Call Us: (813) 870-3839

Our Address: 3839 West Kennedy Boulevard, Tampa, Florida 33609

Find us on Social Media:

Menu

Family Law Explained

What Our Clients Say

Client Resources

Choose Your Fate: Seven Courtless Divorce Options

Custody & Visitation

Alimony & Spousal Support

Popular Articles

Time Heals

Find An Alternative Way To Divorce   I’ve said it so many times . . . there is magic in the collaborative process.

Read More »

Alimony & Spousal Support

Alimony & Spousal Support in Tampa

Alimony (also referred to as “spousal support”) is an allowance paid to a person by that person’s spouse or former spouse for maintenance. Alimony may be ordered if one spouse has the need for it and if the other spouse has the ability to pay it. When it comes to alimony, the length of the marriage matters. For marriages lasting under seven years, there is a presumption against alimony. For marriages lasting from seven to seventeen years, there is no presumption for or against alimony. And for marriages over seventeen years, there is a presumption in favor of an award of alimony. The facts of your case will determine whether an alimony award is appropriate. The six different types of alimony recognized by the State of Florida are: temporary, bridge the gap, lump sum, rehabilitative, durational, and permanent periodic.

Alimony & Spousal Support Solutions

The attorneys of Open Palm Law are skilled in negotiating and making arguments for and against alimony. As the case law evolves in this area, so does our understanding of the important issues associated with alimony. While alimony can be a heated topic in many divorces, we strive to effectively guide our clients toward fair alimony agreements. When this is not possible, we persuasively argue for our client’s best interests in regards to alimony.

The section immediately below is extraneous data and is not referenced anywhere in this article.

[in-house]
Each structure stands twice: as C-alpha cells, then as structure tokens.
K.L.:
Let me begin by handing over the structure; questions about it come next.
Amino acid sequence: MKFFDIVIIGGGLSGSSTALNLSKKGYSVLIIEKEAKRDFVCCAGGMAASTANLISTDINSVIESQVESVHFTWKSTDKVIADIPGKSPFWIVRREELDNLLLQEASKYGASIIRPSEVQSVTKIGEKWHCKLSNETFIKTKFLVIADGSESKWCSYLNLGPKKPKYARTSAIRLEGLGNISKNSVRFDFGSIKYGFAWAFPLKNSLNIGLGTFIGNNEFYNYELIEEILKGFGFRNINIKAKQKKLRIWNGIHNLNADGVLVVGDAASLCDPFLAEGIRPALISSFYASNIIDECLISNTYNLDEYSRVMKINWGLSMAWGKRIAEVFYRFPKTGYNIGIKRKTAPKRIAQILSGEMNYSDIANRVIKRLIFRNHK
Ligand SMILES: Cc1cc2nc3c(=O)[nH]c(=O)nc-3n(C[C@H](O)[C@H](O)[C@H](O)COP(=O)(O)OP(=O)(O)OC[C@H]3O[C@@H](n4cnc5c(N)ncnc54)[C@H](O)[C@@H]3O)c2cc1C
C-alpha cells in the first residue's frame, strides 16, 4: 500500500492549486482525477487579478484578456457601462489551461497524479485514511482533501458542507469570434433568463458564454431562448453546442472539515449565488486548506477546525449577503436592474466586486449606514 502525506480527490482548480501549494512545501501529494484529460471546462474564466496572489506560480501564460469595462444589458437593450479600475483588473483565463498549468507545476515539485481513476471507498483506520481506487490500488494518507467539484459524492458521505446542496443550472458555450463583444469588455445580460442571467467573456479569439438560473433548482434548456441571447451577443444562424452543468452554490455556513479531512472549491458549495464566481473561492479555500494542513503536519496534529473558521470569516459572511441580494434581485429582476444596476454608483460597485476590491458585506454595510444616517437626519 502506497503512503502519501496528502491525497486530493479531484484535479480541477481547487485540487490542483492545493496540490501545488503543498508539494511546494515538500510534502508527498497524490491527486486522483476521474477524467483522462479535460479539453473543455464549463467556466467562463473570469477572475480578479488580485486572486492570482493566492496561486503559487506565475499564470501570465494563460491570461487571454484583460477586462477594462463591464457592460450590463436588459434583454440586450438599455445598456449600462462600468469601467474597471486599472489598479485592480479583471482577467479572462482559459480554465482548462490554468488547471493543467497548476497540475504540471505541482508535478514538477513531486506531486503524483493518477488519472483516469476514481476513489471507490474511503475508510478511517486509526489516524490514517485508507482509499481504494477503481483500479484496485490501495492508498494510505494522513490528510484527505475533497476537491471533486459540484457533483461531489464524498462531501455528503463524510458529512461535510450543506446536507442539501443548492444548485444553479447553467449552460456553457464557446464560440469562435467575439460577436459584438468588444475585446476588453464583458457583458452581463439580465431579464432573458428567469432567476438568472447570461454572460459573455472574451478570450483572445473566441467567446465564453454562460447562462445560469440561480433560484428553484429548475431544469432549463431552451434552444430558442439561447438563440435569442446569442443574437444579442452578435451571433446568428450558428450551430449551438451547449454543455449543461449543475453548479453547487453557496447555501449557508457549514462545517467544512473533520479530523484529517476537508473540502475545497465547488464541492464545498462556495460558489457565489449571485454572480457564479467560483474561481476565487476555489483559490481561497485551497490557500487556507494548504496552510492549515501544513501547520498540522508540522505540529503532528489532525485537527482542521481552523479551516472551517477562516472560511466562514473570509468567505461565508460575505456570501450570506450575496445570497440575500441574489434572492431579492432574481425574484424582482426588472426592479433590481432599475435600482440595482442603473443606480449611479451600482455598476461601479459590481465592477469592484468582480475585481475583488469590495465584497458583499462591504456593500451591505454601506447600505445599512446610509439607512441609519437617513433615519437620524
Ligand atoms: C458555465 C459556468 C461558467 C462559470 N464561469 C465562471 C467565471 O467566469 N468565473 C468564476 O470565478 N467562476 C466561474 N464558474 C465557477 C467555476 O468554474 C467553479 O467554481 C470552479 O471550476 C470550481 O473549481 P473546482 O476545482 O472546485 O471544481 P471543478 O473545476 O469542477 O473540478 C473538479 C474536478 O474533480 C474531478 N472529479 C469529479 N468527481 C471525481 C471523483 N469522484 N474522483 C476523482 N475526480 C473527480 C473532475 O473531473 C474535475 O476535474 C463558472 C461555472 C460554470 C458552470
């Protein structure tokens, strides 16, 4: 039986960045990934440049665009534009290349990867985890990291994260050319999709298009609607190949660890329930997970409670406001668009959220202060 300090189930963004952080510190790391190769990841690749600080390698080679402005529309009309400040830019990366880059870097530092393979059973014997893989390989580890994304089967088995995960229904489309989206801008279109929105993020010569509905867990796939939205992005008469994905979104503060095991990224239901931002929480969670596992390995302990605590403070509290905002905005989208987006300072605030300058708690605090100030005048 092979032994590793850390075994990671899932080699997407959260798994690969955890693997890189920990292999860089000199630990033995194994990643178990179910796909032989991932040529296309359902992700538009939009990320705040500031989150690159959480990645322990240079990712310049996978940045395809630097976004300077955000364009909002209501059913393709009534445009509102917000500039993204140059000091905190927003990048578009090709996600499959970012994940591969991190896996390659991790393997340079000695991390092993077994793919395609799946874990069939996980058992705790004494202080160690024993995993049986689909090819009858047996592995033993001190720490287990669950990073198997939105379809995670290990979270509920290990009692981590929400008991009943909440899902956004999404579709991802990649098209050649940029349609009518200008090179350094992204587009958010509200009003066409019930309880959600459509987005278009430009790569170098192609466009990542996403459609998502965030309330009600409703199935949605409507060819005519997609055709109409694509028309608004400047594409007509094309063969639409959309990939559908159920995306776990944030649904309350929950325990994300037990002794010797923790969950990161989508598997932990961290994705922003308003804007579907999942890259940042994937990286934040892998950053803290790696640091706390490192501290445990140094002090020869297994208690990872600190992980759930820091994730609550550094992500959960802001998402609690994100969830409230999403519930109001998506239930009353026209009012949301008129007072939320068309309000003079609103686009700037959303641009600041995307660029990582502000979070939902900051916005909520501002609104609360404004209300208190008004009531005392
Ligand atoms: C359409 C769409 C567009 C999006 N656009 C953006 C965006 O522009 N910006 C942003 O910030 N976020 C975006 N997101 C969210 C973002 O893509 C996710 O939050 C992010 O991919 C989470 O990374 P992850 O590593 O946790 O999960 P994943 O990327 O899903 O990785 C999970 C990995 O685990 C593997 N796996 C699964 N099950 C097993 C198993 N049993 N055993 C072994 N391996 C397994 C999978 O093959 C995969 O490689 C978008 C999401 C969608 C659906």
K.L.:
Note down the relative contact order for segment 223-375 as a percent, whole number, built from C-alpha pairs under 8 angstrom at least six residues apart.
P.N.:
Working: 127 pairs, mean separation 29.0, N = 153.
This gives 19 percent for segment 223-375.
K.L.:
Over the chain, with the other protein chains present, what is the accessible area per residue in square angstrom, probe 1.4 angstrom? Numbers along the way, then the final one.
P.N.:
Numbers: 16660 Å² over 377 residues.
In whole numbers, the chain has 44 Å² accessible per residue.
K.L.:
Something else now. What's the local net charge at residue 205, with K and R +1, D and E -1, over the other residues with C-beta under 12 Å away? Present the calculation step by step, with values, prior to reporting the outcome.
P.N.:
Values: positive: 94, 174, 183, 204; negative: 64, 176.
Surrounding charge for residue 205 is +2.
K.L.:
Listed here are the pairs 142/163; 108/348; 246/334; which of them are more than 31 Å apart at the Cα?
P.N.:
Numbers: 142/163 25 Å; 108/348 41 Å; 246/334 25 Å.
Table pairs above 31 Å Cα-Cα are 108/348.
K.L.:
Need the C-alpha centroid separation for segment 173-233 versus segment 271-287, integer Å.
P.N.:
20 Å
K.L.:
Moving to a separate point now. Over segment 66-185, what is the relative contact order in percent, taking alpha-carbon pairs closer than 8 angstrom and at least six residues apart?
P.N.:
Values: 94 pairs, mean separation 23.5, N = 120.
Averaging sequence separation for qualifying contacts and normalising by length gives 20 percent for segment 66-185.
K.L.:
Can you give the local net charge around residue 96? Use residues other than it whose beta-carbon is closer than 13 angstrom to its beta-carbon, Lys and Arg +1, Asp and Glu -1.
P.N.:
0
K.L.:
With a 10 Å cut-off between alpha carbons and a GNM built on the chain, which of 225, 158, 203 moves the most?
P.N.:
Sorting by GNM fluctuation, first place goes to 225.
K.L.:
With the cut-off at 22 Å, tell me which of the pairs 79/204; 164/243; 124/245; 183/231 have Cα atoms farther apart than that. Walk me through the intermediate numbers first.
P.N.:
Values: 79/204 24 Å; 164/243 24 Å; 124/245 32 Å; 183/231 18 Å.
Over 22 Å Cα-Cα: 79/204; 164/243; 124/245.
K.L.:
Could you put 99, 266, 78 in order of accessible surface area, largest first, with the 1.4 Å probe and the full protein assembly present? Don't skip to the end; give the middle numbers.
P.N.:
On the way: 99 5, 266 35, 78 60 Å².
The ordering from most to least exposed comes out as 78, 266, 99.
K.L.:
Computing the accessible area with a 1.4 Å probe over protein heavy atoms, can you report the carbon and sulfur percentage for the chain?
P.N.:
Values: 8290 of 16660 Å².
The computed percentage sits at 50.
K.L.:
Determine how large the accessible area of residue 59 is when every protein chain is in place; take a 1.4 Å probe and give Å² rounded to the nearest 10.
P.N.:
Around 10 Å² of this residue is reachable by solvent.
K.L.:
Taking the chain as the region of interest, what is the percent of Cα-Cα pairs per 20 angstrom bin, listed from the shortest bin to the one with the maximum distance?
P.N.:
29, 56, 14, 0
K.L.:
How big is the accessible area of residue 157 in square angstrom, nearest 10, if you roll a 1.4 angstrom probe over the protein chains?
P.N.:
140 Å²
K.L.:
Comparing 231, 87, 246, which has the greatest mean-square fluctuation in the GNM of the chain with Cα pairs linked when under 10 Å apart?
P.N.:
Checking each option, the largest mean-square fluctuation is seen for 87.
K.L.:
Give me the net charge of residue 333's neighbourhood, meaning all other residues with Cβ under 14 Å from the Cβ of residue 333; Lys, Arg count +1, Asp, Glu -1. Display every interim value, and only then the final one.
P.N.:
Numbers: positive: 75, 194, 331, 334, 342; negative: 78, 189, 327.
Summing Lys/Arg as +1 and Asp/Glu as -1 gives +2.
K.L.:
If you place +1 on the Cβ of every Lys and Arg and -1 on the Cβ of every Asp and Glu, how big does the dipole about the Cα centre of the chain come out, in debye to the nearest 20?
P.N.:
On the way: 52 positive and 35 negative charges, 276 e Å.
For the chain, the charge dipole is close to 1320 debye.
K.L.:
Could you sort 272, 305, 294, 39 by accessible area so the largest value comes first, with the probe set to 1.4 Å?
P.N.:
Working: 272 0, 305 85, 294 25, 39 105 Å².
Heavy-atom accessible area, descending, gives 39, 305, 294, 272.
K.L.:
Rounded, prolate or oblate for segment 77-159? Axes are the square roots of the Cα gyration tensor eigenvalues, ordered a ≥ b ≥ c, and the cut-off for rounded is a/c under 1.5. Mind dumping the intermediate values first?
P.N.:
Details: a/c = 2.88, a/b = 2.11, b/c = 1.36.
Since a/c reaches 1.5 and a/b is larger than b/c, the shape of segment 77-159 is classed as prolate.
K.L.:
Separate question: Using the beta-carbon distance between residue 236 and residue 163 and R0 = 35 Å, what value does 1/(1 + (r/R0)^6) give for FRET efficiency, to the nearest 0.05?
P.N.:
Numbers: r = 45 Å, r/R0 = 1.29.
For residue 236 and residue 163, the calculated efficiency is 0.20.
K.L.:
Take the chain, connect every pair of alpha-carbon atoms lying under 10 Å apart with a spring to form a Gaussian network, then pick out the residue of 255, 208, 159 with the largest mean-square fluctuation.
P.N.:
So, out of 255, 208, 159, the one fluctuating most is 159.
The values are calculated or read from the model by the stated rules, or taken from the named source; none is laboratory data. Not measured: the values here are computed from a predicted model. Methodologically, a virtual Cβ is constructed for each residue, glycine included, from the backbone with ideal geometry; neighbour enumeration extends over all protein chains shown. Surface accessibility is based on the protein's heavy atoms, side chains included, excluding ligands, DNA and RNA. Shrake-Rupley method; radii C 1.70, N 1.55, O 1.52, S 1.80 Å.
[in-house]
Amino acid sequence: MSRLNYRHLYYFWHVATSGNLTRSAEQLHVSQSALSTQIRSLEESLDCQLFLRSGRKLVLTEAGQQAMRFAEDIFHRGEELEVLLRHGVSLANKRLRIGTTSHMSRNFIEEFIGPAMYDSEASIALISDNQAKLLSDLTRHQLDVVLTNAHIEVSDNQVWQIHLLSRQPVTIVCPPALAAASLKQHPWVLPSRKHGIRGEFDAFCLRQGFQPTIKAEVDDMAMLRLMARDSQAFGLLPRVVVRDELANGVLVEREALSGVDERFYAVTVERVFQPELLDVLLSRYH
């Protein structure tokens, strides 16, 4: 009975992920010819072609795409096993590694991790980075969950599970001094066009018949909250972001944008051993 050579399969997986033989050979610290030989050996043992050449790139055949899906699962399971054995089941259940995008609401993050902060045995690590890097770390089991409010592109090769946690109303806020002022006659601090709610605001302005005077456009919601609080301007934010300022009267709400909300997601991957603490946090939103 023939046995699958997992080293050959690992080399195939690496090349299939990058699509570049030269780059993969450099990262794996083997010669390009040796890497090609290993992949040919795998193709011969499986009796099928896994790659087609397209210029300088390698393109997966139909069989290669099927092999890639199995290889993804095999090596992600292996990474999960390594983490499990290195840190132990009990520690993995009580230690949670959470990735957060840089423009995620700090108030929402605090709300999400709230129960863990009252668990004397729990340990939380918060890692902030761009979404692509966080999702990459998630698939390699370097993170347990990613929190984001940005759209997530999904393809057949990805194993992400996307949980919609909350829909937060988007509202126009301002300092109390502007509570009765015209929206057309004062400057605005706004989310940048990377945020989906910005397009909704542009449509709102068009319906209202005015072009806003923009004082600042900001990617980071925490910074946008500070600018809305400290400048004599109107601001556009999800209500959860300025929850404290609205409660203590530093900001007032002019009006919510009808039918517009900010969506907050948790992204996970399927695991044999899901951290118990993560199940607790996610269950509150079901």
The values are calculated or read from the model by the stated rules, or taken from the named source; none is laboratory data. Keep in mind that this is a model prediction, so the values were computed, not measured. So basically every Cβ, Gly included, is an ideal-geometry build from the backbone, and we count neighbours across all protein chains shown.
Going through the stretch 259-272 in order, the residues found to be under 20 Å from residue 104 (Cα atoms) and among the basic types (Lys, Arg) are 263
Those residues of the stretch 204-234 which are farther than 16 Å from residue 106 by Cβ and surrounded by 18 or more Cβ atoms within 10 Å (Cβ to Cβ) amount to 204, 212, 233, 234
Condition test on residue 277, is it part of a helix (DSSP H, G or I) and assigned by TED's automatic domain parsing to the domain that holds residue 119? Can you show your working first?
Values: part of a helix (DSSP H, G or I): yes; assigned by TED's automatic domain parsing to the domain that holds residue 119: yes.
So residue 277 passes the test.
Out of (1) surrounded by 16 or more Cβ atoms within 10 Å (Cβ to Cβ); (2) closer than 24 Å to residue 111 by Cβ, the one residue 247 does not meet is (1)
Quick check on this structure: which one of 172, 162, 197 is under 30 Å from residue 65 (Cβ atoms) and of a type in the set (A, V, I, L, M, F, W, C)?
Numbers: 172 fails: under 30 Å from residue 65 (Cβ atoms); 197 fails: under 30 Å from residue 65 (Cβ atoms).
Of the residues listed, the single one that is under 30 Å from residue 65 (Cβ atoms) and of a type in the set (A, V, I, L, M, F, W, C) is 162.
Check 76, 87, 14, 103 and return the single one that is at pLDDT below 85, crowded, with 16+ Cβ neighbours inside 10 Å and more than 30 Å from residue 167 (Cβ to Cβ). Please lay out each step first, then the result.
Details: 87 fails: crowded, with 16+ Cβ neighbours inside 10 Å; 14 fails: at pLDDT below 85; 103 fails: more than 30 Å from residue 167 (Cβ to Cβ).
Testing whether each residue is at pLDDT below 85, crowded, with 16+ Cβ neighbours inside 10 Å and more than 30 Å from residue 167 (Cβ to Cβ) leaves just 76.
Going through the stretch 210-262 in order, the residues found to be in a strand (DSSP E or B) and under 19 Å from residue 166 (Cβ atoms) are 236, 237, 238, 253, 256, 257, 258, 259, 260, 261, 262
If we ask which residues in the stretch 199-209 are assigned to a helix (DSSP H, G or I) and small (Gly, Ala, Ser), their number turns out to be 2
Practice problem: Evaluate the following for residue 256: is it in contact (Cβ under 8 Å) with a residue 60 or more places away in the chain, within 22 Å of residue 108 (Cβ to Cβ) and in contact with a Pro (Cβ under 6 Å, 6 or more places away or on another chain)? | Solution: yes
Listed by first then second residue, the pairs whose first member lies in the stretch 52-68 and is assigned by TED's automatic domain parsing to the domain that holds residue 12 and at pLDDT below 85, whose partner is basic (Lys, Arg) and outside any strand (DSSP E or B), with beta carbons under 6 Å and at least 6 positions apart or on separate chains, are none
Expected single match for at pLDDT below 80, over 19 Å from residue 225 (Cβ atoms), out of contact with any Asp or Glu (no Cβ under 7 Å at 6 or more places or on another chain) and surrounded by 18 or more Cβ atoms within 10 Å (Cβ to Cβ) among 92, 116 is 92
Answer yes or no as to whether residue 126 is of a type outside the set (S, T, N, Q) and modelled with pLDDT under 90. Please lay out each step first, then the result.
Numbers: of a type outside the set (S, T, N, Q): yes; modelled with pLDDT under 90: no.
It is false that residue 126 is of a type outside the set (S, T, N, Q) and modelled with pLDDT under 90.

FAQs for Alimony & Spousal Support

If you have been married less than seven years, then there is a presumption that you should not be required to pay alimony, meaning that your spouse will have a heavy burden to meet to receive an alimony award. If you have been married seven to seventeen years, there is no presumption for or against alimony, so you may be ordered to pay it, depending on the facts of your case. If you have been married over seventeen years, there is a presumption that alimony should be awarded, so you will have to convince the court that it is not appropriate. Alimony may be ordered if one spouse has the need for it and if the other spouse has the ability to pay it. The six different types of alimony recognized by the State of Florida are: temporary, bridge the gap, lump sum, rehabilitative, durational, and permanent periodic.

If you have been married less than seven years, then there is a presumption that you are not entitled to receive alimony, meaning that you will have a heavy burden to meet to receive an alimony award. If you have been married seven to seventeen years, there is no presumption for or against alimony, so you may receive it, depending on the facts of your case. If you have been married over seventeen years, there is a presumption that alimony should be awarded, so it will be easier for you to convince the court that it is appropriate. Alimony may be ordered if one spouse has the need for it and if the other spouse has the ability to pay it. The six different types of alimony recognized by the State of Florida are: temporary, bridge the gap, lump sum, rehabilitative, durational, and permanent periodic.

If you agreed in the divorce case that alimony would be non-modifiable, then your retirement will not impact your alimony payment. If you did not agree, then your retirement would enable you to seek a modification of alimony based on a reduction of income. But if your income is higher now even without your working because of pension income, social security income, and 401k payments, then a modification may not be warranted.

If you agreed in the divorce case that alimony would be non-modifiable, then your ex’s retirement will not impact your alimony payments. If you did not agree, then your ex’s retirement would enable him/her to seek a modification of alimony based on a reduction of income. But if his/her income is higher now even without him/her working because of pension income, social security income, and 401k payments, then a modification may not be warranted.